Another Way To View Attached Storage Devices

Linux offers myriad ways to accomplish the same task, which is a good thing, and this is another way to view attached storage devices. This is a useful way to learn more about your storage devices and is a bit more advanced than others.

There are many ways to view attached storage devices. While not the same, you can learn which storage devices are attached to your system with any of the following articles:

Show Your Filesystem In The Linux Terminal
Show Mounted Partitions
How To: List Mounted Partitions
Yet Another Way To Check Filesystem Space Use

Stuff like that…

Well, you can also just plain old view attached storage devices in the Linux terminal. The application I’ll be showing you will do more than this, but we’ll concentrate on just showing attached storage devices.

The tool we’ll be using is known as:


Yes, we’ll be making use of the lsscsi application for this article. This won’t take very long and you should find that lsscsi is available for pretty much every operating system out there. It does what you’d think, list SCSI devices.

Once installed, you could check the man page to see that this is the correct tool if your goal is to view attached storage devices. The man page describes the lsscsi application like this:

lsscsi – list SCSI devices (or hosts), list NVMe devices

It’s a simple application, at least for our needs. You’ll find that you can get some of the same information with the following command:

However, that command won’t give you things like the path. Mounted storage devices tend to have a path of something like /dev/<path>, and that information isn’t available with the cat command listed above. As we often want to know the path information, and there are many tools to do this, you might as well learn about lsscsi. 

By the way, your GUI disk manager (such as gnome-disks) will happily give you some of this information. It’s also a graphical environment, which may be easier for some folks. This is for those needing that information while using the terminal, or for those who are just interested in doing more in the terminal.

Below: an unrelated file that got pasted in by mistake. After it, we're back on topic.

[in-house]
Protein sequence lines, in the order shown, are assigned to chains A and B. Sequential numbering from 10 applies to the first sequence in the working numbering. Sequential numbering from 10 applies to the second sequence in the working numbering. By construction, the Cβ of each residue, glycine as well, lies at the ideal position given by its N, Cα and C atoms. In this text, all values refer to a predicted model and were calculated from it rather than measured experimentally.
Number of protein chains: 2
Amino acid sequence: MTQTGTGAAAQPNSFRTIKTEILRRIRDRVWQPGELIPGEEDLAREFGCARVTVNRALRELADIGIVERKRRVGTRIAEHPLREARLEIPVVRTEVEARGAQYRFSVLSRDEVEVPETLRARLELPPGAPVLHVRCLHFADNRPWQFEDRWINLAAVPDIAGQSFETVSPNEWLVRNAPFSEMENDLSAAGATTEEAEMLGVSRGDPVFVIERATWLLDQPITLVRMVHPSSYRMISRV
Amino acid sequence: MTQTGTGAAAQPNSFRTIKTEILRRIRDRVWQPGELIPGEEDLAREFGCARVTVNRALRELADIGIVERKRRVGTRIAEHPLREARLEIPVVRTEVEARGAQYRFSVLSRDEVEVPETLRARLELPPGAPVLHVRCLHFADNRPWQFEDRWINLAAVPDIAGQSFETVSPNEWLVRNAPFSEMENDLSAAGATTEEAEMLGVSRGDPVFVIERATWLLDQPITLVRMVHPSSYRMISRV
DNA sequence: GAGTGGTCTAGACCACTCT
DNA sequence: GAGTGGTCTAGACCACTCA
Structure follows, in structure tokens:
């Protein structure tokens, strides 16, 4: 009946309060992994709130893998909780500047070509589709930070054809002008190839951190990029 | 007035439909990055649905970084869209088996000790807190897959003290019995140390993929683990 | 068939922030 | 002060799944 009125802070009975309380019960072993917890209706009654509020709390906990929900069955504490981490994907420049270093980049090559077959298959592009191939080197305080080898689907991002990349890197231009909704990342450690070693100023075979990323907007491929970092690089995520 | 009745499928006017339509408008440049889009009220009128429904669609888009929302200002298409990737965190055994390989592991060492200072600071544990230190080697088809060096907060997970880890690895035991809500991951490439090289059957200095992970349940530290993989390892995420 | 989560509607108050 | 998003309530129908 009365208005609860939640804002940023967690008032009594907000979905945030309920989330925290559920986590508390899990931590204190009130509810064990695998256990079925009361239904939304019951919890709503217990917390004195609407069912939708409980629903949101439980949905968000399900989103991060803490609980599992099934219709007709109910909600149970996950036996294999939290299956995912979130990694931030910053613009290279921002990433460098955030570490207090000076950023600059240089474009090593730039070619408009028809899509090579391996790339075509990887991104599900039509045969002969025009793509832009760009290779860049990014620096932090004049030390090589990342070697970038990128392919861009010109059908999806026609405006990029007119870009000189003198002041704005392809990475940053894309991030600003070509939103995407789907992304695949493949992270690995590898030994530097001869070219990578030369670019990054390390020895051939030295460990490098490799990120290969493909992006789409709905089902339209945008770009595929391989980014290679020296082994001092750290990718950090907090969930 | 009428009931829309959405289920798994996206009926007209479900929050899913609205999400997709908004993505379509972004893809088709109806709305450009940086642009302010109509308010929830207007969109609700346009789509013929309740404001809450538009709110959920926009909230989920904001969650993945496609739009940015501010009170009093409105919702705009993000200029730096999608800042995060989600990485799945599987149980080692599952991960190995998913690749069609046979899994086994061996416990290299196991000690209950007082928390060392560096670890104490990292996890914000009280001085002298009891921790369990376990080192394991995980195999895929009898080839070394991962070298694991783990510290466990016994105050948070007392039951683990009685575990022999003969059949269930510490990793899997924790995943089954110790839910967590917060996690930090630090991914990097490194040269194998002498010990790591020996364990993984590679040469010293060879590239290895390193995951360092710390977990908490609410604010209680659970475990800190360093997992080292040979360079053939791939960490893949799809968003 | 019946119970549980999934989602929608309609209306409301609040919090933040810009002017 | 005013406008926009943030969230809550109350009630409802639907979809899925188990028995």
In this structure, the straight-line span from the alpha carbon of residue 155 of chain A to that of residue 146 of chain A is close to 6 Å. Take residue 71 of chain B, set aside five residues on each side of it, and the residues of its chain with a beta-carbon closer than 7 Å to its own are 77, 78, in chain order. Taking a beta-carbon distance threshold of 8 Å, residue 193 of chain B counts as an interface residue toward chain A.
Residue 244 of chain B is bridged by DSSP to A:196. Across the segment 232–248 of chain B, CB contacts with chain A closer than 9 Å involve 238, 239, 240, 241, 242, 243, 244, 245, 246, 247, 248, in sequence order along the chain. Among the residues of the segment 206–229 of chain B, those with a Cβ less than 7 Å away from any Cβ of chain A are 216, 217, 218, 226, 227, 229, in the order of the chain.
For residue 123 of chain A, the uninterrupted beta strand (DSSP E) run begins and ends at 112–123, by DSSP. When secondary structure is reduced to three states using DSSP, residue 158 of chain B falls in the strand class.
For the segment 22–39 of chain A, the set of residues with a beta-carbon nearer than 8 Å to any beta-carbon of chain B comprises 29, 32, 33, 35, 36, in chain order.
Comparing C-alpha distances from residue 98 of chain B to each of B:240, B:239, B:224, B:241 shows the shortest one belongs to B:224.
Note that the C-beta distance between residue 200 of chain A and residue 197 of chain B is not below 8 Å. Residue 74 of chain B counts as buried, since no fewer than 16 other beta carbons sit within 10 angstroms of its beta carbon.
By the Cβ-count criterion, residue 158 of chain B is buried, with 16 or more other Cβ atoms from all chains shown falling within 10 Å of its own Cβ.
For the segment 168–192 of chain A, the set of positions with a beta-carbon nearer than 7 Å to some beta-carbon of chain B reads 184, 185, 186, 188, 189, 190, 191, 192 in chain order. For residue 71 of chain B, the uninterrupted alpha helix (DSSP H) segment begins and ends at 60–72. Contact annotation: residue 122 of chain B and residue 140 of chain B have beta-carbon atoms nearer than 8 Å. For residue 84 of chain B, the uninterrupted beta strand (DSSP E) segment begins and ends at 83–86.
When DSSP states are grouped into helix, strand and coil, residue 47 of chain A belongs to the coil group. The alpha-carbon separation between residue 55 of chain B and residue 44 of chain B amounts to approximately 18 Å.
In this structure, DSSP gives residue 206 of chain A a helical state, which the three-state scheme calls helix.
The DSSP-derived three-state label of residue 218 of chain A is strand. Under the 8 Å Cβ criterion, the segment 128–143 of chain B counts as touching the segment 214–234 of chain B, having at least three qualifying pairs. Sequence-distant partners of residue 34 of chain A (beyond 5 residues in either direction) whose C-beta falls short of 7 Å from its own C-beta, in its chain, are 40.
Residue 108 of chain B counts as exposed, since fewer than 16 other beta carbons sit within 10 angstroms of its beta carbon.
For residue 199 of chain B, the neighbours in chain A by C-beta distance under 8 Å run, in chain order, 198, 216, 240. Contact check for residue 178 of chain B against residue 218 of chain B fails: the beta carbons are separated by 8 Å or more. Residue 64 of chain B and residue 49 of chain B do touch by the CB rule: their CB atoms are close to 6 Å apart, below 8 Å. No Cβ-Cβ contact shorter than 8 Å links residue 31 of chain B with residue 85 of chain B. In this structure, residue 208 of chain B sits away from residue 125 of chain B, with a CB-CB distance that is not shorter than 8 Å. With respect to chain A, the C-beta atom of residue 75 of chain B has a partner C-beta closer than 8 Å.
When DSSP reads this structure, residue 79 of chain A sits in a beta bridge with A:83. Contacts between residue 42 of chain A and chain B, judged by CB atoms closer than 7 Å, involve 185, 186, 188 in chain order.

But, when it comes to disk and data management, you may need to know this information – especially the paths. So, this is a good command to have in your pocket. You never know when it will come in handy.

View Attached Storage Devices:

If you’re unfamiliar with the lsscsi application, it’s a terminal-based application. If you’re already familiar with the lsscsi application, I’m not sure why you’re still reading the article! Either way now is the time when you open a terminal. Oftentimes, you can open a terminal by just using your keyboard. Try pressing CTRL + ALT + T and your default terminal should open.

With your terminal now open, it’s time to install lsscsi. The directions to do so will depend on your package manager, but I’m going to cover most of them because this application is widely available and packaged for almost anything you can think of.

Installing lsscsi:

With your terminal open, use the correct command for your package manager:






One of those should work for most of you. If not, let me know in the comments and I’ll amend the application. If they’re wrong, please do let me know in the comments. I did not test all of these. I’m going with a combination of my notes and what I’m able to scrape from the internet.

Using lsscsi:

With that open terminal, just enter the name of the command and you have about all the use you’ll really need from the application. The command is simply:

If you want, there’s more to the application – which you might need for some advanced operations. You can just check the man page with this command:

Here’s an example output:

Here’s another example output:

If you look at the bottom one, there’s a bit of an Easter Egg. You’ll see that it starts with an N and that means it’s an NVMe device. You don’t need any special tools beyond lsscsi to view NVMe devices, which is nice. The program happily recognizes it and other attached storage devices.


You never know when you’re going to want to view attached storage devices. However, the odds are good that you’ll eventually want to know this information. It’s always good to verify the path of a dd command, for example. A malformed command can really cause you some problems.

So, now you know how to view attached storage devices – a task that has many solutions in Linux. There’s nothing wrong with variety and each of the various tools will have different strengths. Knowing what to use and when to use it is something you’ll learn as you make progress.

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